The Great Gatsby appreciation blog. History peep and museum intern who may be slightly infatuated with people long gone. "They're a rotten crowd... You're worth the whole damn bunch put together."
May 6, 2013
- The Continentalist: This new government sucks.
- The Federalist: Buy this Constitution now.
- Report on Public Credit: We're broke.
- Pacificus: You need an army and fleet to fight a war, guys.
- Phocion: Why I hate Jefferson.
- Report on Manufactures: You want economic independence from Britain? Make your own shit.
- Camillus: I'm not kidding, we're not ready for war yet. Shut up about the Jay Treaty already.
- Philo Camillus: Goddamn I'm awesome.
- Reynolds Pamphlet: I'm not supplying this guy insider information, I'm just banging his wife. I have principles.
- Adams Pamphlet: The president was mean.
- The Examination: Why I /really/ hate Jefferson.
April 28, 2013
i was bored so i made this. it’s fugly but, oh well… and i know, they were older for the duel and Hamilton a little bite *chubby* but, who cares? ~artistic licence
April 19, 2013
‘Once upon a time, the disgraced Reverend Aaron Burr was exiled to the remote island of Nevis for crimes too unspeakable to be mentioned. Outcast and forlorn, he stumbled upon a veteran from the American Revolution, gone wild from tragic loss and lack of monarchical government. Burr and Hamilton schemed to retake their honor (and Mexico in the meantime) and destroy the valiant Republic under the good President Jefferson.’
- (Perpetually) Vice President John Adams
March 30, 2013
Also, Hamilton’s debt was paid off by the Civil War (it’s called a sinking fund, I’m sure the OP has heard of it). So Hamilton’s hardly responsible for American spending habits since then.
(that is something i wasn’t sure about, thank you)
i’m tagging this because it’s important. the point still stands: you can’t blame a person who lived two centuries ago for modern problems.
February 26, 2013
"I am losing character my friend. because I am not over complaisant to the spirit of clamour, so that I am in a fair way to be out with every body. With one set, I am considered as a friend to military pretensions however exorbitant, with another as a man, who secured by my situation from sharing the distress of the army, am inclined to treat it lightly. The truth is I am an unlucky honest man, that speak my sentiments to all and with emphasis."
Alexander Hamilton to John Laurens, September 12, 1780 (via publius-esquire)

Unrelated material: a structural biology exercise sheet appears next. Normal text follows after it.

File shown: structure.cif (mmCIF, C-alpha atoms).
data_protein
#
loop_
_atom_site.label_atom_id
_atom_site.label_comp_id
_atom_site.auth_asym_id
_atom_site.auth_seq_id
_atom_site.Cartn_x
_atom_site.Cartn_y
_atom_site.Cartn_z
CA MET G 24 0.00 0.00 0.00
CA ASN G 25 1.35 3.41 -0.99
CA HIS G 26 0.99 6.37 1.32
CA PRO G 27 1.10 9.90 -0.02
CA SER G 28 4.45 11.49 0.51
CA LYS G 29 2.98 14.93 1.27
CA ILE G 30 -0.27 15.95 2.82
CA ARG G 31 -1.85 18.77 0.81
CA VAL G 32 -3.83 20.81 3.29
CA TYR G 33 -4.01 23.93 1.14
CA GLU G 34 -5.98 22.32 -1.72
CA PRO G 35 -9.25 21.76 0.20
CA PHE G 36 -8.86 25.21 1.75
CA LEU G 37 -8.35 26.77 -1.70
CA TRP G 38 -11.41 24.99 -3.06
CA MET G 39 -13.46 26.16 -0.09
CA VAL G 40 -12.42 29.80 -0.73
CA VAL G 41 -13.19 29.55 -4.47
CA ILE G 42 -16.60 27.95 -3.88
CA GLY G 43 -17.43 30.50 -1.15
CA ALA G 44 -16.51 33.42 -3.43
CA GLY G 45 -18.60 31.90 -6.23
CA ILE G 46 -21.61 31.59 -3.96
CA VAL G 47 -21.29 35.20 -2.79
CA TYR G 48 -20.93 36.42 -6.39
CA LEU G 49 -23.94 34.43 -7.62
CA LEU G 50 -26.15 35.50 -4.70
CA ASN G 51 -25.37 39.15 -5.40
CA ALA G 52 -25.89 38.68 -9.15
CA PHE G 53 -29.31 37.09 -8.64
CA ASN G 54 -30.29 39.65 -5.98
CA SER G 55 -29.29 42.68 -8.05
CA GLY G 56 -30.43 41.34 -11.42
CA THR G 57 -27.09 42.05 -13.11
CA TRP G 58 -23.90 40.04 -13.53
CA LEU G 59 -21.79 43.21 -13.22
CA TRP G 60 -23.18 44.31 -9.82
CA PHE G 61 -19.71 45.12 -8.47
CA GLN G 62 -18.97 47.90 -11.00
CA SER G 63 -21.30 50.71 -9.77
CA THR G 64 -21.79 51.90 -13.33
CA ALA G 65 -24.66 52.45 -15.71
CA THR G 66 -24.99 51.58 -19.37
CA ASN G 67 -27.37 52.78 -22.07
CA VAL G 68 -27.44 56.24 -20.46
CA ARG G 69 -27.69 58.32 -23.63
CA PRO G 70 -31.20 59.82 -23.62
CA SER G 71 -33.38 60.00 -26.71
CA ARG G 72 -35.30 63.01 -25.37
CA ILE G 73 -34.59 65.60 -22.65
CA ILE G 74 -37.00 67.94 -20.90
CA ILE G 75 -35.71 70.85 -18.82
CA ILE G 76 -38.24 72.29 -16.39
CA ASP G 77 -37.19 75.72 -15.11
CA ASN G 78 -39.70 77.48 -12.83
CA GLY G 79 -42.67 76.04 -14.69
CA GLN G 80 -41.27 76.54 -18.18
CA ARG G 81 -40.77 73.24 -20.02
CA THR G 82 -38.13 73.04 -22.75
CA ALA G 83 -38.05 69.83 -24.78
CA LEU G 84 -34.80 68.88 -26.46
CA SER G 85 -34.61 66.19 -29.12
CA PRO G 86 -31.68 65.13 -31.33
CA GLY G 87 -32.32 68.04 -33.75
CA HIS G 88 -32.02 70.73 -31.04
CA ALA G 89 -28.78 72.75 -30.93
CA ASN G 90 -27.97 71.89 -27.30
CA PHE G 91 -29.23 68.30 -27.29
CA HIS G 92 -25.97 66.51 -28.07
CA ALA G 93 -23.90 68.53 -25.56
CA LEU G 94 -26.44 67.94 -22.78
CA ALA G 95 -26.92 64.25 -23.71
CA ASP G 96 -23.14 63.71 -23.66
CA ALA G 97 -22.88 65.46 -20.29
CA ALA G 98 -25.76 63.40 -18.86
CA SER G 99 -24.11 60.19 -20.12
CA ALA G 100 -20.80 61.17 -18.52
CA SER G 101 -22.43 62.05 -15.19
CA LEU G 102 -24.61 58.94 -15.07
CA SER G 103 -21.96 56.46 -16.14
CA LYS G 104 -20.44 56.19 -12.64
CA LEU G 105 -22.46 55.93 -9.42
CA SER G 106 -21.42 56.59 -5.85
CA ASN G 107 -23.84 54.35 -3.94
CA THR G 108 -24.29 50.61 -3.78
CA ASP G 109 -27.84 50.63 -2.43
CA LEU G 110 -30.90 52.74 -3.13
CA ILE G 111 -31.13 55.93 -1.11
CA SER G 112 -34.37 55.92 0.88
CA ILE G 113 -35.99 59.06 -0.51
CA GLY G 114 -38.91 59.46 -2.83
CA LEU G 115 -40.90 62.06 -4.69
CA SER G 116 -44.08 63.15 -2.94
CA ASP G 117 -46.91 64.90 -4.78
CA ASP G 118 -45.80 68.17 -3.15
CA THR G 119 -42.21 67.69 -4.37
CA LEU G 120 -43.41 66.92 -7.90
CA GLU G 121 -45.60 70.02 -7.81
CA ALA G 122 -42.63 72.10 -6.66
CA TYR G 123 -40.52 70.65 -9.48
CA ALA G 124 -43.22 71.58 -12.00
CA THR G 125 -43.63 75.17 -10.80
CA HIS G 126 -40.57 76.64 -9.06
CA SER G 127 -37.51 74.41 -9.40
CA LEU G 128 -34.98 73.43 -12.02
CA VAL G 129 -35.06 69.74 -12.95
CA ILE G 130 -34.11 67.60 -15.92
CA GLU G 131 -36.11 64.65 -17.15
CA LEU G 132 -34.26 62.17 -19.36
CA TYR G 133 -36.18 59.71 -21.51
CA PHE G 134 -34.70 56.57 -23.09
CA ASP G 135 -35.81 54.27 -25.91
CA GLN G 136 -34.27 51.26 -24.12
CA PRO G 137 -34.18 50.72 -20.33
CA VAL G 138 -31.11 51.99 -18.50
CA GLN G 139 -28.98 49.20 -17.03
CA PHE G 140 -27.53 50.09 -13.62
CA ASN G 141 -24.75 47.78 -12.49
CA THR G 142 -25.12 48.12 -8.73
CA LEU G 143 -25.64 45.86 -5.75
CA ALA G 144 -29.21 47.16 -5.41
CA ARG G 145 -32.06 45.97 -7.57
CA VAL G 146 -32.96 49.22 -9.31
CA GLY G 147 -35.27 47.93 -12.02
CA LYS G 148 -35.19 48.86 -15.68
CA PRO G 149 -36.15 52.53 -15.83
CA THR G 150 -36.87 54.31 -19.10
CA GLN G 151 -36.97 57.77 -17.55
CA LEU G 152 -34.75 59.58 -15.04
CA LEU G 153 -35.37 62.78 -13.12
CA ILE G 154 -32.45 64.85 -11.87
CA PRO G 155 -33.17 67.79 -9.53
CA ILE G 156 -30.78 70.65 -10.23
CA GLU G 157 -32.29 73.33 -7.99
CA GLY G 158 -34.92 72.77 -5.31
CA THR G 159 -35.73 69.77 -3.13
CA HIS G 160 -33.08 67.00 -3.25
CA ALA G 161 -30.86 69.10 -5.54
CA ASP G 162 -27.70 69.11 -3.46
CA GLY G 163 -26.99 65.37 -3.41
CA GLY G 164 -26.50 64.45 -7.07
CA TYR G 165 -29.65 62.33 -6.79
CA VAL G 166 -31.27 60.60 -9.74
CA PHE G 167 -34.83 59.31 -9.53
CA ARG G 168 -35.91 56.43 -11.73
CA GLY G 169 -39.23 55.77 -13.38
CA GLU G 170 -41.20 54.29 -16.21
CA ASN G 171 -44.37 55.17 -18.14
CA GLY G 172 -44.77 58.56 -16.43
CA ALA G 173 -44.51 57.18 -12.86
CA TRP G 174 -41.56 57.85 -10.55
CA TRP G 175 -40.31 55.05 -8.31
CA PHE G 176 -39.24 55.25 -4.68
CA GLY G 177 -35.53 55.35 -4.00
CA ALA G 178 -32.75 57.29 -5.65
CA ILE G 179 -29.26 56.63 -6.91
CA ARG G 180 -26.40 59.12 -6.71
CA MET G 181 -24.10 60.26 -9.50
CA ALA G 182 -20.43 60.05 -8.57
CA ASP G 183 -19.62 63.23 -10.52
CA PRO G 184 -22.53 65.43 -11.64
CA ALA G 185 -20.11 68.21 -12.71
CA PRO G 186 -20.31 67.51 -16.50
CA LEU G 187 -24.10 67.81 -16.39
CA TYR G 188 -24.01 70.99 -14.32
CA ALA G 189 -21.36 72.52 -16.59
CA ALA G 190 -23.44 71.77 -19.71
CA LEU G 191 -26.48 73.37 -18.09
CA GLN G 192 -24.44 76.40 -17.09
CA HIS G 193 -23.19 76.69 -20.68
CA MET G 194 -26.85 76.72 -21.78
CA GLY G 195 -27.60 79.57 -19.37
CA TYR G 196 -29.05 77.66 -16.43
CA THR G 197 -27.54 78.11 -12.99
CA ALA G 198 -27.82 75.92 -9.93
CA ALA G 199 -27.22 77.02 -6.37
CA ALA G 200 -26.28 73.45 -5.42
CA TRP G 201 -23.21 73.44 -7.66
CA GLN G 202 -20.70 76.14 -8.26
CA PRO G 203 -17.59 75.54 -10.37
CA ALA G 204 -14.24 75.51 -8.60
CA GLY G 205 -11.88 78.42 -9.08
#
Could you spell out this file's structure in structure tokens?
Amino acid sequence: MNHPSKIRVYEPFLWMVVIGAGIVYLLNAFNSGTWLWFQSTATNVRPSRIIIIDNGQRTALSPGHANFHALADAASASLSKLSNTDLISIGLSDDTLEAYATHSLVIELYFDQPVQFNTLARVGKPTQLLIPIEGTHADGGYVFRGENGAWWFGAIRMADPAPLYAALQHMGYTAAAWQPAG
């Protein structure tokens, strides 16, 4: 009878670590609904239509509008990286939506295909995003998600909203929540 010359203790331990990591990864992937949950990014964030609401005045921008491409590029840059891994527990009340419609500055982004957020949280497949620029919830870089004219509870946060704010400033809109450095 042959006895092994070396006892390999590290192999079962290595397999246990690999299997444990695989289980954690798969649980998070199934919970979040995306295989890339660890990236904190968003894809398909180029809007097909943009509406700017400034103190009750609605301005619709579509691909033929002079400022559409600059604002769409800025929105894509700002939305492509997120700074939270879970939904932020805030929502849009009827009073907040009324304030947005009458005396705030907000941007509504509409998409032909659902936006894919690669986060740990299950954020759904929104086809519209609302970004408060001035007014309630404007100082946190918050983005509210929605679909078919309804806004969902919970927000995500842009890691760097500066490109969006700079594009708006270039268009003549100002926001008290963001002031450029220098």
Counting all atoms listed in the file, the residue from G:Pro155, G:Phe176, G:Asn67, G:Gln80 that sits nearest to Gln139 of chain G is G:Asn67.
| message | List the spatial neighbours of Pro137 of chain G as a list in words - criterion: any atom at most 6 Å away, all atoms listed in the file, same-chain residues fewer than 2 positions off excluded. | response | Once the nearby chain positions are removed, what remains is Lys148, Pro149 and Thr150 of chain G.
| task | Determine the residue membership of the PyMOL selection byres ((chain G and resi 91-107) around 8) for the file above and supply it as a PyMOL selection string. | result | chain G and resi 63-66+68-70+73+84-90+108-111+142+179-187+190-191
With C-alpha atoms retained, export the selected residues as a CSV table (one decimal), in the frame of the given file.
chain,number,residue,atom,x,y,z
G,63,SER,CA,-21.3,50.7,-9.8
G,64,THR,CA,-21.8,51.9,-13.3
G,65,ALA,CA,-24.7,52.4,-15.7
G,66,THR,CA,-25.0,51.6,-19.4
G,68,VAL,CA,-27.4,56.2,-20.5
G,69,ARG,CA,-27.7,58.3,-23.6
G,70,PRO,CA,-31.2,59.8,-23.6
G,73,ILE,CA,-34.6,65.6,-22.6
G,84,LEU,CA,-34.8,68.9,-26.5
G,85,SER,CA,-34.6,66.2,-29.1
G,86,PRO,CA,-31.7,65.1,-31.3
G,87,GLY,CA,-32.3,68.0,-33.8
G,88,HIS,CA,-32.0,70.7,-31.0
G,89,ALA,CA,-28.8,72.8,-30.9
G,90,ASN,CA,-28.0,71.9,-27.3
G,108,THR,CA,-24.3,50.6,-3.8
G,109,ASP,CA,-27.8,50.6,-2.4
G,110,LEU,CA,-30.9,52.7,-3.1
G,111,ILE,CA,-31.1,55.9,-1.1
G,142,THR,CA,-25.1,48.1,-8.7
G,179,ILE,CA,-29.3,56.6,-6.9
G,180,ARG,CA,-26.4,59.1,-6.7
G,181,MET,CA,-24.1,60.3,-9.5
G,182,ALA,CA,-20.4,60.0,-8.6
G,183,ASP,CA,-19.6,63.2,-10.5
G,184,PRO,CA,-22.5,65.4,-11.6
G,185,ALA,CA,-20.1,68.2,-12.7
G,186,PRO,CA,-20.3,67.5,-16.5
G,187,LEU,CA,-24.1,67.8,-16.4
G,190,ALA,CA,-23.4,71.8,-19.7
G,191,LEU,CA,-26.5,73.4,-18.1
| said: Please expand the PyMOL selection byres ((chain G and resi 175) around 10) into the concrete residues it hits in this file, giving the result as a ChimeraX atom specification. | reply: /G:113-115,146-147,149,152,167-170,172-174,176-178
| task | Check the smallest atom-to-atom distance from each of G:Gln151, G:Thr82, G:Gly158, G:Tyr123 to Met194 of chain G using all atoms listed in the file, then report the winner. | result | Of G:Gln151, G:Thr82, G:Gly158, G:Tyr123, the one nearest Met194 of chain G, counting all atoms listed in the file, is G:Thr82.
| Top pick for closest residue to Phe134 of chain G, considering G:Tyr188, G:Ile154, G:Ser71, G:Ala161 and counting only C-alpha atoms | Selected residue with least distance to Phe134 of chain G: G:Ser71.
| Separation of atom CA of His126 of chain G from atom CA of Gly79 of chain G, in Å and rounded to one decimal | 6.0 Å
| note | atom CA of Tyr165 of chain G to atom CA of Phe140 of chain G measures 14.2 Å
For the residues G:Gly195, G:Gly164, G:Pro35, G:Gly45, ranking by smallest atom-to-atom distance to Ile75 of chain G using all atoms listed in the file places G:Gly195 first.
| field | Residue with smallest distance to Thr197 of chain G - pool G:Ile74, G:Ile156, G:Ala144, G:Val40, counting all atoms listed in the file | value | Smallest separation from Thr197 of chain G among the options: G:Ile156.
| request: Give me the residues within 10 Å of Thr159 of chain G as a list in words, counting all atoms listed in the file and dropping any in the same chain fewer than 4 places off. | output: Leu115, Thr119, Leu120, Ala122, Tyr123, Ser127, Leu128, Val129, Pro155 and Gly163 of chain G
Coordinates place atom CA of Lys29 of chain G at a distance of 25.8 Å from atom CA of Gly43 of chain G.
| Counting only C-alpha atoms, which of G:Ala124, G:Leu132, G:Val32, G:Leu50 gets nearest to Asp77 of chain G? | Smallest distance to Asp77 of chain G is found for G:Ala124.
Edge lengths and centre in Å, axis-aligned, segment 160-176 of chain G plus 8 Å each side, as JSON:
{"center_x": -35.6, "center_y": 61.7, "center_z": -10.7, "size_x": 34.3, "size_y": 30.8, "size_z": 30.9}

February 6, 2013
January 31, 2013
Some silly sketching with Hamilton. Although I’m pretty sure this is me 99.9% of the time, too
Me too, Hamilton, me too.
January 29, 2013
And ironically that tear is probably the reaction he would have if he picked up an issue today
YES i cheated: i used textures for the background… too lazy to draw trees and leaves and trunks (don’t look at me like that!) and it’s a good technique to hide your terrible linearts!
soooooo…. here a request i received for the Burr/Hamilton duel and i was like ‘why not?’. they are supposed to be old and Hamilton a little chubby but my hands hate me and i have another idea of drawing rn. it’s awfull. it’s historically inaccurate. i’m sorry. leave me alone!!!
January 26, 2013
“What infuriated Hamilton about Jefferson was not his political principles but the real or perceived personal injuries Jefferson had inflicted on Hamilton’s career and reputation; and his judgment that Jefferson was a ‘contemptible hypocrite’ who disguised his own great, though legitimate, political ambitions. Furthermore, the rhythm and timing of the conflicts between the two men was not synchronized. For Jefferson, the greater the issue at stake, the more he feared and suspected Hamilton; Hamilton’s central public policies (funding, assumption, the Bank) were, from Jefferson’s perspective, the proof of his subversive intent. In contrast, Hamilton’s view of Jefferson was most balance and detached when great public issues were at stake, such as policy toward France in 1793 and the 1801 crisis over the Jefferson-Burr election standoff; it was most jaundiced and vitriolic when there was least at stake publicly (e.g., Jefferson’s employment of Philip Freneau as a translator for the State Department).
Hamilton had strong principled disagreements with Jefferson - over constitutional interpretation, international law and treaty obligations, the proper role of government, to name a few. But at least from Hamilton’s side, it was not these marked differences of political outlook that drove the battle with Jefferson. It was rather Hamilton’s perception of Jefferson’s devious and mischievous character and what he had done to harm Hamilton personally, that got Hamilton’s blood boiling. But because Jefferson’s chief offenses (in Hamilton’s view) were personal, Hamilton could play the part of the man who magnanimously puts aside personal considerations in the interest of the public, as in the 1801 election crisis.”
- James Read, ‘Alexander Hamilton’s View of Thomas Jefferson’s Ideology and Character’
This goes back to the difference in how TJ and Hammie in general viewed each other: Jefferson thought Hamilton was evil; Hamilton thought Jefferson was a jerk.